Premature Evaluation

Premature Evaluation: Grimes Art Angels

Well, now we know where the last almost-four years went. You don’t just make an album like this overnight. Grimes has been working on her follow-up to 2012’s Visions for what feels like forever, and she had to step up just about everything about her music to do it. Art Angels is just a huge leap forward. It’s loud and complicated and textured and catchy as fuck. Its weirdest songs still qualify as bangers, and its most straightforward and immediately lovable songs are still deeply, resolutely odd. The problem with the Premature Evaluation format is right there in the title: By and large, I’m hearing these songs the same time that you are, and often that means working to, very quickly, form opinions about dense and complicated pieces of work here. That is absolutely an issue here. There’s a lot going on on Art Angels, and it’s almost overwhelming. But this time around, the only real question is whether this is some sort of generational classic or whether it’s merely a great album. Because it is, at the very least, an absolutely fucking great album.

People have lately been discussing Grimes’ recent sound — or, more accurately, her sounds — as if she’s mastered perfectly calibrated, down-the-middle pop music. She hasn’t. It’s not what she’s doing. Her voice and sensibility are still a million miles away from those of, say, Taylor Swift. She’s too interested in flitting through the margins of her own songs, and in building these hallucinatory sound-kaleidoscopes, than she is in making grab-you-by-the-throat songs. But on Art Angels, she draws more from the straight-up pop music both past and present, that she loves so deeply. Grimes produced the album herself — just as she does with all her albums — and she pulls in all these great sounds: Twangy surf-guitar runs, crisp early-’90s breakbeats, dancehall drum patterns, ravey bloops, neo-classical string figures, chipper riffs that remind me of Len’s “Steal My Sunshine.” And she’s done it with confidence and force. She’s worked hard on making sure every last sound on the album comes across with maximum force and impact. She’s halfassed nothing here.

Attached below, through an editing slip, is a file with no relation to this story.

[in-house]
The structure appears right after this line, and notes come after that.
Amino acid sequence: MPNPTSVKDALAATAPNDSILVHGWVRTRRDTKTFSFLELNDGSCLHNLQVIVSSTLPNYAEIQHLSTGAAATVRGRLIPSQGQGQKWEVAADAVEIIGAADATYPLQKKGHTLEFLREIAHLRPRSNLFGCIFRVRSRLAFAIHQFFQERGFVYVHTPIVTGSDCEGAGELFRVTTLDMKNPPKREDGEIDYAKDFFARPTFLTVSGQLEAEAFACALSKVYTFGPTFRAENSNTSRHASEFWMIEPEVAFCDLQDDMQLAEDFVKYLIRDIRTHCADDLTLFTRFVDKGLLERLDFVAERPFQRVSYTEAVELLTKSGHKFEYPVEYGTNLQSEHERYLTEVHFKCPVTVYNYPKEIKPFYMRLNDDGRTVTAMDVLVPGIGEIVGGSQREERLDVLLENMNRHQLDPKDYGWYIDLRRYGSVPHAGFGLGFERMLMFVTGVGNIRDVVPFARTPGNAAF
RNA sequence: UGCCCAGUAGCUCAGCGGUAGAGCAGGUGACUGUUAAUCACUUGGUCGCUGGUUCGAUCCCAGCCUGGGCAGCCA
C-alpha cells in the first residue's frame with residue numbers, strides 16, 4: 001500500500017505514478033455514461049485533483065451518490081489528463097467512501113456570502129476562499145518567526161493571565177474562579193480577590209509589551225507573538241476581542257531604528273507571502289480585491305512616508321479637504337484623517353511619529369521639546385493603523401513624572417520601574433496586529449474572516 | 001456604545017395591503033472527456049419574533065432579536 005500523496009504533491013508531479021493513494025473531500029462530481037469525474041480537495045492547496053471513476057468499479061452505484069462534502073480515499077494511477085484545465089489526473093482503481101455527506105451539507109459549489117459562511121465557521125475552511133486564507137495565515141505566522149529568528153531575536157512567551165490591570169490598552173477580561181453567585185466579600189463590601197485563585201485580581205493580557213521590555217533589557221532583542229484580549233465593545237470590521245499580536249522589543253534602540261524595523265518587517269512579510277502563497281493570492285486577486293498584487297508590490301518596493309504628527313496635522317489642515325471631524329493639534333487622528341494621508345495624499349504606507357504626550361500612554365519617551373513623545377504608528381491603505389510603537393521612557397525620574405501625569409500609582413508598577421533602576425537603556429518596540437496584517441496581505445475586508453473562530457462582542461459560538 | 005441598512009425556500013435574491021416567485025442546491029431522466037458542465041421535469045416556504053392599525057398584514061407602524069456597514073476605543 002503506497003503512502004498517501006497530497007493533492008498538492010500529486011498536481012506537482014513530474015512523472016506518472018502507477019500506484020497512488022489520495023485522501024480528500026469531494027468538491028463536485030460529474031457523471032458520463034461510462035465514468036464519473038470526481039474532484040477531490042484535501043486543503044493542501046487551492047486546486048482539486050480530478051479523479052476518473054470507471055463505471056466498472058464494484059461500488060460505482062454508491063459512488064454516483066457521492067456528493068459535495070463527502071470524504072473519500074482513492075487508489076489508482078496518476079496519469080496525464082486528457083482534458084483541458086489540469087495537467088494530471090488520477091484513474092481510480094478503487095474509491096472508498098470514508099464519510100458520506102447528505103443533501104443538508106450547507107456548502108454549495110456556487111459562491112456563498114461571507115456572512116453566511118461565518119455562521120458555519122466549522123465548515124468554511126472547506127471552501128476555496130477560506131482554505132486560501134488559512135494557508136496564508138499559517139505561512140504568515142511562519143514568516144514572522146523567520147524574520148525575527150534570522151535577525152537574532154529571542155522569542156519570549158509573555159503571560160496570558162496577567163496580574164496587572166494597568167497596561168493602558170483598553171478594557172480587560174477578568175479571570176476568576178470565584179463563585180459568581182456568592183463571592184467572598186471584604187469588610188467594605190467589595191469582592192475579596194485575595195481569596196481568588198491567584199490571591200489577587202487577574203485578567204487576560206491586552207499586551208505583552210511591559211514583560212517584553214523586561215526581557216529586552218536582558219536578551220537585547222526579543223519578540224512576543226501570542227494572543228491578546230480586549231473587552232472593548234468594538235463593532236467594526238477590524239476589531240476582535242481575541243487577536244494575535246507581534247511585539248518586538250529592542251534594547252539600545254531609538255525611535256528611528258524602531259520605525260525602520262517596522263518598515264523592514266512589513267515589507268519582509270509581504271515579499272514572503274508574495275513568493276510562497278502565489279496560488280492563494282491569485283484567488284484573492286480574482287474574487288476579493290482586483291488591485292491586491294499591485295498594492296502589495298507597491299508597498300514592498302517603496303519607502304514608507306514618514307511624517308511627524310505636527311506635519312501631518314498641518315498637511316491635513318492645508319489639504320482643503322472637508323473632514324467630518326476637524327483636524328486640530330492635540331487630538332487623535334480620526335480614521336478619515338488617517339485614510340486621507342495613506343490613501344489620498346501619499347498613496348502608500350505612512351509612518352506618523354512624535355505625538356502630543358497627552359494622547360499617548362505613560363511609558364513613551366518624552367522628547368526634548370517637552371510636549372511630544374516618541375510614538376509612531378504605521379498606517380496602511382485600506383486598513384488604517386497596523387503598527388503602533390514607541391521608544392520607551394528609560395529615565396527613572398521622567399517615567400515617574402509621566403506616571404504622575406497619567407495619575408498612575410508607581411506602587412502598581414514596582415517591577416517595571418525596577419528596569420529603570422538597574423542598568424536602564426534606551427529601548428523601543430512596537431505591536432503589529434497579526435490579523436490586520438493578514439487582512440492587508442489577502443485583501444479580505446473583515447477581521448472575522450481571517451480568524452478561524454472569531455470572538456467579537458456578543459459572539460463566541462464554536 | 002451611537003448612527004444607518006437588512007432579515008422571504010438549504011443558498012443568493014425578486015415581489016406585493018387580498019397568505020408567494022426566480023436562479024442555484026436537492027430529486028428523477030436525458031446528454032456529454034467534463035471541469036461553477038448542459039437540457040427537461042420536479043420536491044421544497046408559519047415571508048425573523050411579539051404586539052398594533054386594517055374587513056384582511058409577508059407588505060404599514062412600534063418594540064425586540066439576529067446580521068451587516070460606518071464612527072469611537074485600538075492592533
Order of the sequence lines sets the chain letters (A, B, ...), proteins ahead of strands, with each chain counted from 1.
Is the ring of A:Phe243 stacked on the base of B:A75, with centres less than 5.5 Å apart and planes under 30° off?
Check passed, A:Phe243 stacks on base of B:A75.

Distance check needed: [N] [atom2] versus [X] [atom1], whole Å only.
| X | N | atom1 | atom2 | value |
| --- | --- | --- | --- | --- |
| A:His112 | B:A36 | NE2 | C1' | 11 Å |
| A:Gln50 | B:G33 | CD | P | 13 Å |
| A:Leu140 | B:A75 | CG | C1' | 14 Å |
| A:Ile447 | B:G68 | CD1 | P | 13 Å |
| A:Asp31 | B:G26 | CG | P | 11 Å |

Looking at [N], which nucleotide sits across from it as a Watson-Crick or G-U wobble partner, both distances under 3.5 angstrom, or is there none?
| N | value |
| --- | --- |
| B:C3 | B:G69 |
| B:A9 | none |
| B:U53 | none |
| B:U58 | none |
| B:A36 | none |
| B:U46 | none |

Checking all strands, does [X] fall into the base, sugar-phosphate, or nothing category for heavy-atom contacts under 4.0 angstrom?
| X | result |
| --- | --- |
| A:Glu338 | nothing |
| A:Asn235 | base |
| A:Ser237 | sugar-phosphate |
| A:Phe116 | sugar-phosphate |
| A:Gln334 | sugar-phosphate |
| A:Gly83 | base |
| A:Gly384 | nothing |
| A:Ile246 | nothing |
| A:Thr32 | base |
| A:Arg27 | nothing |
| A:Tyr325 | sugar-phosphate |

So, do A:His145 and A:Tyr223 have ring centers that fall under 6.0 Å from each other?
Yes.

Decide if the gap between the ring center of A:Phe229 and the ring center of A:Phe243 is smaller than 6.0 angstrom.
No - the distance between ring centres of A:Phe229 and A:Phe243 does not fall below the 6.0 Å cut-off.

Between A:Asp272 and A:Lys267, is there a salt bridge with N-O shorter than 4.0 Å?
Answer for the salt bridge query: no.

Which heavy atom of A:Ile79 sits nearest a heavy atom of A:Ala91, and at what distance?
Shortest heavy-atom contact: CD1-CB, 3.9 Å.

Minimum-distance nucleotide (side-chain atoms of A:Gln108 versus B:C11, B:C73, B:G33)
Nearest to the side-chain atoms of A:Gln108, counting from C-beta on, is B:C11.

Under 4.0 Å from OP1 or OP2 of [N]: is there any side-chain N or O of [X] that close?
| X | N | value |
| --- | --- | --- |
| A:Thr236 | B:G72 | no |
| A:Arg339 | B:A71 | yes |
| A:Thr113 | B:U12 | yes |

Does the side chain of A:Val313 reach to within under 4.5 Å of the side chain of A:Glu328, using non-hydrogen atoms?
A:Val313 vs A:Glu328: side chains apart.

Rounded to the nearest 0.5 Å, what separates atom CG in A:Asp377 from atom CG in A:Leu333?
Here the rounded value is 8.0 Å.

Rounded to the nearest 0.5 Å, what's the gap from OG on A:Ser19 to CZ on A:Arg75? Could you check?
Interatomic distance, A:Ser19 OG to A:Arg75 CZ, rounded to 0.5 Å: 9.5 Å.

This will, doubtless, bother some people. Visions, the album that brought Grimes to almost-fame, was a very different piece of work, ghostly and oblique and beguiling. It played around with pop music forms, too, but it did it with a sense of distance and curiosity. Grimes hadn’t yet developed the skills and the resources that she has now, and so the end result came across as being closer to indie rock than what she was probably hoping. Well, there ain’t a damn thing indie rock about Art Angels. This time around, she’s not letting the colors bleed into each other. The sounds are hard and bright and bold and defined. Individual moments remind me of, say, early-’90s George Michael, or of Fatboy Slim’s “The Rockafeller Skank.” She’s playing with these sounds, not recreating them, and there’s nothing as linear as “Go” the single she released last year. But if you listen to Visions and Art Angels back-to-back, the effect is sort of like putting your glasses on in the morning and suddenly everything blurry comes into sharp focus.